Clooney was representing the woman as one of three victims of an ISIS bride named only as Sarah O, who was jailed for six-and-a-half years in Dusseldorf on Wednesday.

The 23-year-old, who holds Algerian nationality, travelled to Syria as a teenager in 2013 where she married a German-Turkish national named only as Ismail S., who remains at large.

From 2015, the couple started enslaving Yazidi women and girls who were kidnapped by marauding ISIS fighters and sold throughout the ‘caliphate.’

The Yazidi ethnic group, who are mostly based in Iraq, faced genocidal persecution by Islamic State which claims they are a race of ‘devil worshippers.’ 

Amal Clooney ensures justice for Yazidi girl, 14, raped while an ISIS slave

Amal Clooney is pictured at the United Nations Security Council during a meeting about sexual violence in conflict in New York in April, 2019

Over two years, Sarah O. and Ismail S. enslaved seven Yazidi women, some of whom were sold onto others, while another, a 14-year-old girl, died in captivity.

Sarah O. beat the prisoners and helped her husband sexually abuse at least two of the victims, helping to ‘prepare them’ for rape.

She also forced the Yazidis to carry out slave labour at her house.

The couple were arrested in Turkey in February 2018. After seven months in custody, Sarah O. was deported to Germany and her trial began in October 2019.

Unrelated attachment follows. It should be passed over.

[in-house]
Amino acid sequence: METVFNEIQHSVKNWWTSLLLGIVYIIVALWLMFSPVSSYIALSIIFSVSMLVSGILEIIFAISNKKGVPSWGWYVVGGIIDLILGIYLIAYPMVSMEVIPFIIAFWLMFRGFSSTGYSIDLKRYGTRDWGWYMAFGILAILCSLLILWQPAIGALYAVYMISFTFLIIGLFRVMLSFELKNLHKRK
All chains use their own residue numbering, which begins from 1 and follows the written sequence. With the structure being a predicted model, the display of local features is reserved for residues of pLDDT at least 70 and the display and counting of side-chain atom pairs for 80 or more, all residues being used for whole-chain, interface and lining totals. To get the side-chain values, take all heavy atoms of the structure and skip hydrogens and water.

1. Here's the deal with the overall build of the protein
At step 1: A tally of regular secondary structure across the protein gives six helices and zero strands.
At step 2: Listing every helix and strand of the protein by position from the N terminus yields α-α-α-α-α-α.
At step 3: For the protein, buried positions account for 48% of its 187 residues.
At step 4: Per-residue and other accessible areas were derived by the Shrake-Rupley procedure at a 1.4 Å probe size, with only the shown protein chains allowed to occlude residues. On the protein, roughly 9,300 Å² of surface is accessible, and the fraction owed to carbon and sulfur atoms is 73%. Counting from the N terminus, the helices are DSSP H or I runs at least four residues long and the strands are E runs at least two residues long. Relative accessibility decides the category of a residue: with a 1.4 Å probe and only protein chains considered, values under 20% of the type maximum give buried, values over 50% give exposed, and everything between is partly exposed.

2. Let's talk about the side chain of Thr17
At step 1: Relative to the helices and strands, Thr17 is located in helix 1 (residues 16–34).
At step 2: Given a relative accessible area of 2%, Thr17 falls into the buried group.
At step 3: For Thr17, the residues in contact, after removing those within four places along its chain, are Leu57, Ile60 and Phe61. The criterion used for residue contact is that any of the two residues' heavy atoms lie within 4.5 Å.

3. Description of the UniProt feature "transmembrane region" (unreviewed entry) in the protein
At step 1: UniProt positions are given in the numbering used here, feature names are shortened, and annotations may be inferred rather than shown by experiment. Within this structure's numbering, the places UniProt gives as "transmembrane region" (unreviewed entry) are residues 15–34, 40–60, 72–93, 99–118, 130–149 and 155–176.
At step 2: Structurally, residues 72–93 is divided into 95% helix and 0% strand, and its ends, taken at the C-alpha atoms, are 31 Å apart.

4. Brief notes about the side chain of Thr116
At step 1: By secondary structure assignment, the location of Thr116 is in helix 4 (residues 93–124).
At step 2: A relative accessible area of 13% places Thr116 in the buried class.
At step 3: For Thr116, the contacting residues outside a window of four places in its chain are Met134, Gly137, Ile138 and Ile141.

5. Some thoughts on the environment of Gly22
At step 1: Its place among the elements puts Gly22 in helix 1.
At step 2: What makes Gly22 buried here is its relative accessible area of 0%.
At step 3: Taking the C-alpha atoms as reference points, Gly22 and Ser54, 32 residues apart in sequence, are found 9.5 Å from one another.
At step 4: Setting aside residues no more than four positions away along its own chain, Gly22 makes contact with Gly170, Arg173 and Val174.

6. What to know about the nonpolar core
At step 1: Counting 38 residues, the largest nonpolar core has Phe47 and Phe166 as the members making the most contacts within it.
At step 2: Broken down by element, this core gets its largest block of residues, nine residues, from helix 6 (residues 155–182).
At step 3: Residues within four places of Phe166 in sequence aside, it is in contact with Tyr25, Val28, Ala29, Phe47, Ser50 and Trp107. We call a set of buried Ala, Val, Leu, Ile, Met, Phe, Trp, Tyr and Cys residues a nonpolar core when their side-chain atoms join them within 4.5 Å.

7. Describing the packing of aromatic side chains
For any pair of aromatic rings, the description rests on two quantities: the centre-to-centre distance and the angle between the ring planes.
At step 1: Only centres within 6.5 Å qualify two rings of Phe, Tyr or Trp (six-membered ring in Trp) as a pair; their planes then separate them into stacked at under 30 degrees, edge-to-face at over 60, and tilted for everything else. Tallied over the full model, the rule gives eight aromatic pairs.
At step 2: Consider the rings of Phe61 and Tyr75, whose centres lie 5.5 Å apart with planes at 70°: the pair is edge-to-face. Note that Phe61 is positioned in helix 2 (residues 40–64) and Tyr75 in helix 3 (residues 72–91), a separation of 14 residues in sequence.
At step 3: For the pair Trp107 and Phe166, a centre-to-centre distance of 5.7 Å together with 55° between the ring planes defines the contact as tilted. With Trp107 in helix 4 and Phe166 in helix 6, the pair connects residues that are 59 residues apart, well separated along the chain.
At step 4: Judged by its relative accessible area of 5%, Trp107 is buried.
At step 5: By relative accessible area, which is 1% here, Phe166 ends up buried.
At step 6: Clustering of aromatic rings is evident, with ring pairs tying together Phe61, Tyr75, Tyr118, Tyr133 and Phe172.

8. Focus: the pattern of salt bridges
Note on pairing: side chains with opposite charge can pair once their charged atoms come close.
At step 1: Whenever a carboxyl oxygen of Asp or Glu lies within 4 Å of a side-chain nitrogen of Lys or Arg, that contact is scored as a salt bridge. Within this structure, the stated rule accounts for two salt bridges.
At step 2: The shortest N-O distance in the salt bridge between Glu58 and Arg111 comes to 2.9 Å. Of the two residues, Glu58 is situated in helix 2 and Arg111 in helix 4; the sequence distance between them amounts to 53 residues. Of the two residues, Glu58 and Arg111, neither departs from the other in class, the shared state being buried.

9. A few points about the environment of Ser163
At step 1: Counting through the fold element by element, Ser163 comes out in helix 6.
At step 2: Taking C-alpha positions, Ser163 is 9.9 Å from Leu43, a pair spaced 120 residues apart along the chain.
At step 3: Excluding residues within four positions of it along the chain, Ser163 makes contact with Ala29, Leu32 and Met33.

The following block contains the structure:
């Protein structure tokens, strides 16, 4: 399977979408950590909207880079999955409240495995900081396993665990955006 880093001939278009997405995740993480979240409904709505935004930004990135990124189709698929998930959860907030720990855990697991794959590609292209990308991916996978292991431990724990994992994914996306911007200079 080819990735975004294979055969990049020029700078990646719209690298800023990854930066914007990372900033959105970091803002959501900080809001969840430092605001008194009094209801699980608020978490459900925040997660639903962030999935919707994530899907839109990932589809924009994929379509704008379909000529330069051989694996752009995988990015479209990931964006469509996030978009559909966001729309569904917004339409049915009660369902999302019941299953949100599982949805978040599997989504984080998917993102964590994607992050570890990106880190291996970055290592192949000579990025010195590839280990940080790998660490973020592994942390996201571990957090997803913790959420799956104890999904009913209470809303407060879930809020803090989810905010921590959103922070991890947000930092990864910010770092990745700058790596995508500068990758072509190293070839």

The proceedings were closed to the public because she was a teenager when some of the events took place. In accordance with German law, her full name has not been released either.

The victim represented by Clooney, along with her German colleagues, Natalie von Wistinghausen and Sonka Mehner, was present in Dusseldorf on Wednesday when judges announced the verdict.

Following the judgment, the victim said: ‘No conviction can make up for our suffering, but I am immensely grateful to the German Federal Prosecutors and the German court for investigating and shedding light on the crimes committed against the Yazidis and I hope that many more countries will follow this good example.’ 

Sarah O. was convicted of membership in a foreign terrorist organisation, assault, deprivation of liberty, aiding and abetting rape, enslavement and religious and gender-based persecution as crimes against humanity. 

Clooney’s German colleague Sonka Mehner said: ‘Thanks to the victims, the full extent of the defendant’s criminal conduct could be established.’ 

George Clooney and his wife Amal Clooney attend the "Money Monster" premiere during the 69th annual Cannes Film Festival in 2016

George Clooney and his wife Amal Clooney attend the ‘Money Monster’ premiere during the 69th annual Cannes Film Festival in 2016